Hester Dibbits discuss the different types of clothes youth Dutchmen wear in the chapter, Moroccan Dutch Boys and the Authentication of Clothing Styles. A combination of data from previous studies, information gathered from Internet chatrooms, and excerpts from conversations with the boys themselves guide the discussion. Mainly, there seems to be competition between those who wear baggy street clothes and tight fitting Italian designer clothes. The baggy streetwear comes with an image related to rappers such as Ali B, “guys of the guys”, and a “black style” (Dibbits 28, 32). Meanwhile, the Italian clothes are associated with homosexuality, social and economic prestige, and lack of masculinity (Dibbits 22). The youth use their clothes to “authenticate” their different subcultures, Moroccan-Dutch, Antillean, Afro-Surinamese, Turkish-Dutch, and etc. Through the research conducted Dibbits concluded that the Moroccan-Dutch boys who wear Italian clothes are seen to be more “authentic” and most clothing choices are made in relations to their physicality and vernacular (Dibitts 33).
Herman Roodenburh discuss the disappearing culture of wearing traditional klederdracht on the Island of Marken in the chapter, Their Own Heritage: Women Wearing Traditional Costumes in the Village of Marken. Those who lived on the small island of Marken north of Amsterdam took pride in their tradition and daily habits of wearing their dracht (Roodenburh 246). After going to primary school, boys went off to fish with their fathers and uncles and the girls would continue to learn how to make clothes, a skill that their mothers taught them from a very young age (Roodenburah 250). Many of the garments worn were family heirlooms and held sentimental quality and generations worth of memories, not only from wearing them but from making them too, which was a family activity (Roodenburah 250). Much blame in placed on the dyke installed in 1957 that connected the island of Marken to mainland Amsterdam for the disappearing culture of the Island (Roodenburah246). Each woman since the 1900’s has had to make the decision for herself to continue to wear the dracht or to change to burger. Although the dracht created separation from the modernizing world, it also held generations worth of traditions, and unfortunately a unique way of life which has become to be seen only as colorful costumes.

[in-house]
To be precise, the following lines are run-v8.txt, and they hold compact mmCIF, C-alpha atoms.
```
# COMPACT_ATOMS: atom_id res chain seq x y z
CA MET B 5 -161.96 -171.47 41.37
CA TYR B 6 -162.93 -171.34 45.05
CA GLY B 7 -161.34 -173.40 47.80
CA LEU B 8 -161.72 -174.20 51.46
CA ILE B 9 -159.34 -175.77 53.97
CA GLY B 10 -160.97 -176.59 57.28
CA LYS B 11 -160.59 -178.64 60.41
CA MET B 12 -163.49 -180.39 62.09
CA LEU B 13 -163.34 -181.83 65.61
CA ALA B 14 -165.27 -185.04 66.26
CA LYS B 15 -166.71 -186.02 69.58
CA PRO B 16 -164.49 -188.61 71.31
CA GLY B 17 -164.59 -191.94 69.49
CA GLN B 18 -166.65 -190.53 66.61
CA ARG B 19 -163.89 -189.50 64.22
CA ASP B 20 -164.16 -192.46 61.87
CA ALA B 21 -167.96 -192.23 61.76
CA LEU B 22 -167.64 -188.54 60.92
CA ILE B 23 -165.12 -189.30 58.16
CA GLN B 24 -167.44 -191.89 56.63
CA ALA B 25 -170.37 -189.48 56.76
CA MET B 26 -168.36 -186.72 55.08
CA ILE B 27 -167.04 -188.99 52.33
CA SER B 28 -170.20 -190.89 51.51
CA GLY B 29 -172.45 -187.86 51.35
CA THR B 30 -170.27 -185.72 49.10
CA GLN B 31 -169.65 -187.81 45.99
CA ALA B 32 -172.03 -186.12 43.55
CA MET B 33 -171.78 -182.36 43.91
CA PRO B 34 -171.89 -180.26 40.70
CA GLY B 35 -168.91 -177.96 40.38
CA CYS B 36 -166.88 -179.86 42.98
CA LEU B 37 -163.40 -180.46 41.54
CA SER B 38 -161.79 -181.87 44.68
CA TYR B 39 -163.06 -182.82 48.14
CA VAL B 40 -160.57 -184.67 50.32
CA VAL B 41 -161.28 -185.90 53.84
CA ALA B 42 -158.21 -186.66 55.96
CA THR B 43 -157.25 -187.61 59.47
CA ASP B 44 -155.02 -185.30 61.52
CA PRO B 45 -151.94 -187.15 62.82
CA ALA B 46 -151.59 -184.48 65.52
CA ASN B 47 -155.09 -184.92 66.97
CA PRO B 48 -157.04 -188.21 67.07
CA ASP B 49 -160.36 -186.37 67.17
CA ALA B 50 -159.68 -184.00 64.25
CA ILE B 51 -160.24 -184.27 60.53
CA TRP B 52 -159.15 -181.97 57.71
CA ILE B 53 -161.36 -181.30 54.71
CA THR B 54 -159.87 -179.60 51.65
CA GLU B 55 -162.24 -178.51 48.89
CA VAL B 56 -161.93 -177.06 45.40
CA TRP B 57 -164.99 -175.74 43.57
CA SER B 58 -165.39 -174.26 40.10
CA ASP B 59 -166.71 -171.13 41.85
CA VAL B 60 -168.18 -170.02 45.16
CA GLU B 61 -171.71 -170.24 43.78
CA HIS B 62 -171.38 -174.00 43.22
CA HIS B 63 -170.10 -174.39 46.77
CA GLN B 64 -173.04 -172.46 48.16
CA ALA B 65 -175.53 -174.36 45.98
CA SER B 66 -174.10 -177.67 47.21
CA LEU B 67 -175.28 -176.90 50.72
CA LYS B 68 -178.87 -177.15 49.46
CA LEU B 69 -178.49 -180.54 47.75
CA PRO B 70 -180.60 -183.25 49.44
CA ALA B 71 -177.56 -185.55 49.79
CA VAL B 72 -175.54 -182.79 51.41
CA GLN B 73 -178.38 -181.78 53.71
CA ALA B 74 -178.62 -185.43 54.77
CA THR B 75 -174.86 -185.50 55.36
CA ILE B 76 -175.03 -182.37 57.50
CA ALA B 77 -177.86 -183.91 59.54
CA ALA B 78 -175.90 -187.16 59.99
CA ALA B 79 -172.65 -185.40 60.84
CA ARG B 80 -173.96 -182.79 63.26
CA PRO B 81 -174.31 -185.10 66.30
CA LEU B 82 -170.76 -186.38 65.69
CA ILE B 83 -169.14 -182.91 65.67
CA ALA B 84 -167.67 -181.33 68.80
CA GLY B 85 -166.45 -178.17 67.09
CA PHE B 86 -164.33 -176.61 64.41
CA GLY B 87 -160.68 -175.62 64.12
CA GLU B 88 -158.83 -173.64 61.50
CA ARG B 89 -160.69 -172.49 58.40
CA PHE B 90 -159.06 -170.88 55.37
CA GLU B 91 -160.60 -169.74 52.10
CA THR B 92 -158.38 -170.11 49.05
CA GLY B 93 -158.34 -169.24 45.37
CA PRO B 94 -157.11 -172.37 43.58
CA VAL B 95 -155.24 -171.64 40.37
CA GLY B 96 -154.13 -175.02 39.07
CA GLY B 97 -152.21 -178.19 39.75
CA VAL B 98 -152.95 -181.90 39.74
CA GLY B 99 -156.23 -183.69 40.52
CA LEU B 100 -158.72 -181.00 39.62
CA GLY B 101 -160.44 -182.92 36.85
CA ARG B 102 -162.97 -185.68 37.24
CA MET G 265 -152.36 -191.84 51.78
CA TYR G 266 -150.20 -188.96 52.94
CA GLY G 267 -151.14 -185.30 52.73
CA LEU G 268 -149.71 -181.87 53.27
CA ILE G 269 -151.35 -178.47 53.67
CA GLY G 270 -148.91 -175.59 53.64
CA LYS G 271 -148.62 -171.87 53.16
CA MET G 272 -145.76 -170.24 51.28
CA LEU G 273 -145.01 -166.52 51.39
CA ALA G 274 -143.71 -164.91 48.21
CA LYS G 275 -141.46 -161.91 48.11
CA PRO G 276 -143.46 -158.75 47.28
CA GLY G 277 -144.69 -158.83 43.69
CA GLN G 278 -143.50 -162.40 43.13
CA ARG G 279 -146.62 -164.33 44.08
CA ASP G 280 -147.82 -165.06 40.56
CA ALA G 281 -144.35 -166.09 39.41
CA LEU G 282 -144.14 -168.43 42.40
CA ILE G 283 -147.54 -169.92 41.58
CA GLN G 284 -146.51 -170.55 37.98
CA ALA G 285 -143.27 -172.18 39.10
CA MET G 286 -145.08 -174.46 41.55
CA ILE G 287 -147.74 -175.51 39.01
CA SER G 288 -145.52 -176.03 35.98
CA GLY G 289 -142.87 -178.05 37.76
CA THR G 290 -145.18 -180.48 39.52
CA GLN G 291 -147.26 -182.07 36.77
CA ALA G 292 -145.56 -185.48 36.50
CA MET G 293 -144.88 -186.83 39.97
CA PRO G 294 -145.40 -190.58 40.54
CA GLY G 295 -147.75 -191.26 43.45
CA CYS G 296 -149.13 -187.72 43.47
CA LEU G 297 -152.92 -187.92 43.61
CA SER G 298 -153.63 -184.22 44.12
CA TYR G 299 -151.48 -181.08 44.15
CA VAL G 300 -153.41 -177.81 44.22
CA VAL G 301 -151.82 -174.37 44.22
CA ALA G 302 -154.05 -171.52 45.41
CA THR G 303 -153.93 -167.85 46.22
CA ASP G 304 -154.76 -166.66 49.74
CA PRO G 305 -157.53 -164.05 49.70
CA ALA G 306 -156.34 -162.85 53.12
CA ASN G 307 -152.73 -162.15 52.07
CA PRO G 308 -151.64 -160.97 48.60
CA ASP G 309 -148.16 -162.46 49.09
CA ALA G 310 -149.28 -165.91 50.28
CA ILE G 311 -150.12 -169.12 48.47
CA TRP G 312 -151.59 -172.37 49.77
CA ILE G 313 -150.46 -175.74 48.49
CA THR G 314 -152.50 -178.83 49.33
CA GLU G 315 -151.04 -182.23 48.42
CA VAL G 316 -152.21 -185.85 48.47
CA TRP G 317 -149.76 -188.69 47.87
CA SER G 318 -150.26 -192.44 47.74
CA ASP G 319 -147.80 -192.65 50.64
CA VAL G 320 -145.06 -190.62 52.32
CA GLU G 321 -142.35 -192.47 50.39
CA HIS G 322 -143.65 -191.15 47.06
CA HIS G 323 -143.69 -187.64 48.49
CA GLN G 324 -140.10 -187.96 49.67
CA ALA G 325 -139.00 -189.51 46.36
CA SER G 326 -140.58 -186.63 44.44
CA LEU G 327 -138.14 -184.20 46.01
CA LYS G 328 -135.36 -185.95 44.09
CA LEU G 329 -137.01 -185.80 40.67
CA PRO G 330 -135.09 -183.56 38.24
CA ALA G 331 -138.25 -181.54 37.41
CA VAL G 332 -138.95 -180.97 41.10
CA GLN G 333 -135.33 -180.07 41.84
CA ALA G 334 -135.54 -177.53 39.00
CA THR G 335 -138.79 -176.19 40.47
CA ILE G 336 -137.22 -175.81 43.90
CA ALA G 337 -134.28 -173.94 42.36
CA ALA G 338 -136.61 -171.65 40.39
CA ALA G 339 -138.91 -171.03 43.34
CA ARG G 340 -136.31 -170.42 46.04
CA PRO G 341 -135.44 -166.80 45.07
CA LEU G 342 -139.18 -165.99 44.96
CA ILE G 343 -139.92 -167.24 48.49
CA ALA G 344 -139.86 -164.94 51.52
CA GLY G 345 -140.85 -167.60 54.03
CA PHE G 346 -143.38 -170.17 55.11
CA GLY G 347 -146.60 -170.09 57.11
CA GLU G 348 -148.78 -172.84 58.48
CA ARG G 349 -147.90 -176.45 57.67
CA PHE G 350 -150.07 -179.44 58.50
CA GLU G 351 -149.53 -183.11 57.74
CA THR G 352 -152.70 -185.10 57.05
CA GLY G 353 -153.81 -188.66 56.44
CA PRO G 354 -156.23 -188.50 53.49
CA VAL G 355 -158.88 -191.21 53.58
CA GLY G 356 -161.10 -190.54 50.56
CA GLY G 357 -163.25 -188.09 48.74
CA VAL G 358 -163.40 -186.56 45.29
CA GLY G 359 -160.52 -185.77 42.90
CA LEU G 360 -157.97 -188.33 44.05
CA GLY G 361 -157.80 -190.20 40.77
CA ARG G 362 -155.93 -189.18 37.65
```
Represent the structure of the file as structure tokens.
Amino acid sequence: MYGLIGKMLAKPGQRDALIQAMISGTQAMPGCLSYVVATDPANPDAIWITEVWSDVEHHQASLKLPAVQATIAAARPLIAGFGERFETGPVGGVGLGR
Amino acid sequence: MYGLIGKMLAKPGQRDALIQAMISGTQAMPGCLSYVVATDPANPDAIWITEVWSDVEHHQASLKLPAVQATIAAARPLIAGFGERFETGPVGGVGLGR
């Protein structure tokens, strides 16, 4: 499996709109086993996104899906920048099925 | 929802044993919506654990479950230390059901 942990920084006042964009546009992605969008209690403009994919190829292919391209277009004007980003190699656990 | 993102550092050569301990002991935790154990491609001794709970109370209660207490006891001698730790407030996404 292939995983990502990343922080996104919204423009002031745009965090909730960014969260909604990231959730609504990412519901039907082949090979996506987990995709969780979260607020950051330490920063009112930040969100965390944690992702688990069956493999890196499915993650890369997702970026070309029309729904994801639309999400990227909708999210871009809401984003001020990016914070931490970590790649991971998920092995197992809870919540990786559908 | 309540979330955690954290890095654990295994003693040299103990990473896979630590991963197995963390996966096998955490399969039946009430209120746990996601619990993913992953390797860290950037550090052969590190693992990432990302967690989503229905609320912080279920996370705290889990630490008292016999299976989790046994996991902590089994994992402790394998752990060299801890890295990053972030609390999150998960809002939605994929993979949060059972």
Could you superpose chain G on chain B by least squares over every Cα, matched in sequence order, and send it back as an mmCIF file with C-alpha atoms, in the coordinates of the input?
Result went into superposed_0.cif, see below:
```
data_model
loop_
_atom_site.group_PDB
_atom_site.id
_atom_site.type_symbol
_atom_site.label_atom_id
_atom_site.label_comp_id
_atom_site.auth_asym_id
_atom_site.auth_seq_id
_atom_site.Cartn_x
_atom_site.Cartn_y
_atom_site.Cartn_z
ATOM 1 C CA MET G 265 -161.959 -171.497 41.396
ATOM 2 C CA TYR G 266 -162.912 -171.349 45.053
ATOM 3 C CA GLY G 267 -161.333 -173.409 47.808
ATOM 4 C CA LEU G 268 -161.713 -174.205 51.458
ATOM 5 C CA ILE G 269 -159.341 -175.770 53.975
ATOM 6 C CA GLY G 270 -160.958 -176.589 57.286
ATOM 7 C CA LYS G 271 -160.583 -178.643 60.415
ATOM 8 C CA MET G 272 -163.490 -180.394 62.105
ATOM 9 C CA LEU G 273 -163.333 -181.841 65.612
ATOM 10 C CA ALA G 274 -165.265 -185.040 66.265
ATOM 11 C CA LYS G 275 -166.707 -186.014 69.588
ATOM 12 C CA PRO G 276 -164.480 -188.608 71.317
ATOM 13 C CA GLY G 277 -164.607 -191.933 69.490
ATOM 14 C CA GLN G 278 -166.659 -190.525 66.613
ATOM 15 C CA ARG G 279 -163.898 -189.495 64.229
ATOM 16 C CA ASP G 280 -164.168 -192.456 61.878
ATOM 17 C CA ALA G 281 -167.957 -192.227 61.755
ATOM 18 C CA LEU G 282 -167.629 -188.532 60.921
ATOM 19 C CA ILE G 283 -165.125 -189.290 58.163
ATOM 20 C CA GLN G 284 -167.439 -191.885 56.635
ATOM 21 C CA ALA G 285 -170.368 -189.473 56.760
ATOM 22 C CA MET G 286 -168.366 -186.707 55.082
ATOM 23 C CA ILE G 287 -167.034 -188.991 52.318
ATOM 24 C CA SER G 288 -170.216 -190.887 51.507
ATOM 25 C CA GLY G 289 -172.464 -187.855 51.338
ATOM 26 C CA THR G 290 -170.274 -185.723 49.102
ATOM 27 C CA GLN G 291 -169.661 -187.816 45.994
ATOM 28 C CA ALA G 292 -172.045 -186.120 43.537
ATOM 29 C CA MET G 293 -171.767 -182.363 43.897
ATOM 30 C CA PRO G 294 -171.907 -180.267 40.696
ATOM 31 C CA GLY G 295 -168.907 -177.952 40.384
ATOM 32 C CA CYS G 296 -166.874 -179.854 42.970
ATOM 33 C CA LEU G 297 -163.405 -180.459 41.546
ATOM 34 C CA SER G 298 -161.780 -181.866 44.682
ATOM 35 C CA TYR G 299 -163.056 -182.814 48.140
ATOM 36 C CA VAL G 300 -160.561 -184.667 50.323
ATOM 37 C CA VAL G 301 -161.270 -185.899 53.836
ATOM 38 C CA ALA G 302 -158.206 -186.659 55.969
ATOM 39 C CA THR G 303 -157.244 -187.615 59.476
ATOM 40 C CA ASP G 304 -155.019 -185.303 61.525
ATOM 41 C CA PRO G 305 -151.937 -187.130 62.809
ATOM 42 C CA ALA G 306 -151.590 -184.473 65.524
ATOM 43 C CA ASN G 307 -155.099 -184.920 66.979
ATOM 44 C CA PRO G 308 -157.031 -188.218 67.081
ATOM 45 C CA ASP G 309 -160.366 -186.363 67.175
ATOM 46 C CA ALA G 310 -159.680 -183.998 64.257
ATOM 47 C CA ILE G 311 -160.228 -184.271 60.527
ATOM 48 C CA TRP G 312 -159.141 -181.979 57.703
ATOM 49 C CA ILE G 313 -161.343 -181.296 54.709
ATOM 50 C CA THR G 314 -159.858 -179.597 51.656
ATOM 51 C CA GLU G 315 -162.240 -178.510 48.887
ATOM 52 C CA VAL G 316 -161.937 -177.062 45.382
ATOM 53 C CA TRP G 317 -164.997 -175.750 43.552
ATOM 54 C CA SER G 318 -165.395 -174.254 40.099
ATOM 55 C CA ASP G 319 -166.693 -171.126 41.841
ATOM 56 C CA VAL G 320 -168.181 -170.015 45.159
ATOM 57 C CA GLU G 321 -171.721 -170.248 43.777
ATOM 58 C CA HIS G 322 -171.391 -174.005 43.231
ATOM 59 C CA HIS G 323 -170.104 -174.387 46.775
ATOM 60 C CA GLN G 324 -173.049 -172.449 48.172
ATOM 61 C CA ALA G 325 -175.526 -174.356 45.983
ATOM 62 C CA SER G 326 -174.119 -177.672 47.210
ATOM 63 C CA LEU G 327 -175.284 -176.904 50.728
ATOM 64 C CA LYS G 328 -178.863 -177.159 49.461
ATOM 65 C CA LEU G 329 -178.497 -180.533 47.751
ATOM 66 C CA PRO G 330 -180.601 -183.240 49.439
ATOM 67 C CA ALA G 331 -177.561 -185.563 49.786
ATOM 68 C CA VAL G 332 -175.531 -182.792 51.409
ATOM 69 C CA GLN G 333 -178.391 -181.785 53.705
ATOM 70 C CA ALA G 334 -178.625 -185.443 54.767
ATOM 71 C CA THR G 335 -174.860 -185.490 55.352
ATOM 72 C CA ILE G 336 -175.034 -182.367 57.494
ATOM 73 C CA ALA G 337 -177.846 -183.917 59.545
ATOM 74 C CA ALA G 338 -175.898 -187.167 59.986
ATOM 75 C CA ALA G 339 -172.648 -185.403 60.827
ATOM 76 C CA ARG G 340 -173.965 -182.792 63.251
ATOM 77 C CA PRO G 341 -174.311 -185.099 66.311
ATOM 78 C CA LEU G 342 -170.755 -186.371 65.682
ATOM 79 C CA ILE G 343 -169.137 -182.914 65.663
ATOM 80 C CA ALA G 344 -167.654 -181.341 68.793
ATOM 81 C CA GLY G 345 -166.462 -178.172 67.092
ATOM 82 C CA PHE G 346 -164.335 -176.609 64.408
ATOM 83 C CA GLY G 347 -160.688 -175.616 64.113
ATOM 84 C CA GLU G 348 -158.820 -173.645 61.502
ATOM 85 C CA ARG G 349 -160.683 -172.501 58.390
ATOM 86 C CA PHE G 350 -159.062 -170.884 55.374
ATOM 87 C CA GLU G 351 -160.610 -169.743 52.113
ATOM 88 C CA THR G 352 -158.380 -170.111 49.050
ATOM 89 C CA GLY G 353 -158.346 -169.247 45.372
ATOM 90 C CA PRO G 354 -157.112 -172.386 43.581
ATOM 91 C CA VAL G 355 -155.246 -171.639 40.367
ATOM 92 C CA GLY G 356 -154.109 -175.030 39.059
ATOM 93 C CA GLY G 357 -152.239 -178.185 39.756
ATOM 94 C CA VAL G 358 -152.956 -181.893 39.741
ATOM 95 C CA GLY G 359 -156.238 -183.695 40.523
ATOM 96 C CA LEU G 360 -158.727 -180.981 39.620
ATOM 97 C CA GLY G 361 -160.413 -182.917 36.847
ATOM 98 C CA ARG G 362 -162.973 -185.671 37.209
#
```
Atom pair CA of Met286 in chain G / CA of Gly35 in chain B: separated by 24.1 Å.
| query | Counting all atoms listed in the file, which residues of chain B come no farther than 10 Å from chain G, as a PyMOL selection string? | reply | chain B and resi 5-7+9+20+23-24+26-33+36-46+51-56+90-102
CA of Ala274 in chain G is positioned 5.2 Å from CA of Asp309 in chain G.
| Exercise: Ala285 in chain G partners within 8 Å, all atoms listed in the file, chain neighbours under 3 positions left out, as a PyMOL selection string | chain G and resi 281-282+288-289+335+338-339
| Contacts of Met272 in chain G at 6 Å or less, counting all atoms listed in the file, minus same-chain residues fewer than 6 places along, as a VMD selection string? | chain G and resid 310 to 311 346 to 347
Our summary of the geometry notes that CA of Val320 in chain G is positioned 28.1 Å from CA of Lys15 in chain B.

Emily Raboteau’s essay, Who is Zwarte Piet?, uses her personally experiences from living in Amsterdam to describe the unwillingness of the Dutch to acknowledge to racism apart of their traditions. “Zwarte Piet is Sinterklaa’s [the Dutch version of Santa Claus] shadow, his servant, his slave” (Raboteau 144). The Sinterklaas parade features hundreds of people in blackface dressed as Zwarte Piet crowded onto boats who toss treats to the children who line the streets cheering with joy (Raboteau 149). Raboteau discloses several discussions she had with her friends and neighbors in Amsterdam who refuse to accept that the celebration, and the character himself is racist. “Ninety-two percent of Dutch citizens don’t associate Zwarte Piete with slavery and 91 percent oppose any effort whatsoever to change the way he looks” (Raboteau 153). Raboteau claimed that the Dutch may not feel as close as an association with the role they played in the slave trade because they never came face to face with the horrors of it as slavery was always illegal on Dutch soil (Raboteau 148). However, regardless of how the Dutch feel it is very clear that these traditions are effecting how children perceive people of color, thinking only of them as Zwarte Piet (Raboteau 154).
Arnold Karksken’s photographic essay One Way to Live presents intimate mini-biographies of prostitutes who work behind the Central Station in Amsterdam. The combination of story and photos show how much these women struggle. All of them are addicted to hard drugs, and spends hundreds of guilders a day to feed their addictions (Karksken 77). AIDS has become a real problem and the women seem to operate either oblivious to it, or go to great lengths to avoid contracting the deadly disease (Karksken 76, 79). Many of the women have been in very dangerous situations due to their line of work, but feel they have no other options because they are wanted by authorities in other countries (Karksken 75, 76). These women live in their own subculture, there is a sense of community, but only when it is selfishly beneficial (Karksken 79).
These articles present four different subcultures, all brought about by disadvantageous situations. The Dutch boys in Dibbits chapter feel the need to differentiate themselves from other people who are dark skinned, the 20 women on the Island of Marken are the only reminder of a way of live that once filled an entire island, the native Dutch people use tradition as an excuse to carry out extremely racist celebrations and hide from their role in the slave trade, and the women in the photographic essay are fighting to distinguish themselves from one another in order to make more money to buy more drugs. Identity is important in all of these writings but it is not always a good thing.
Hester Dibbits, Moroccan Dutch Boys and the Authentication of Clothing Styles.
Arnold Karksken, One Way to Live
Emily Raboteau, Who is Zwarte Piet?
Herman Roodenburh, Their Own Heritage: Women Wearing Traditional Costumes in the Village of Marken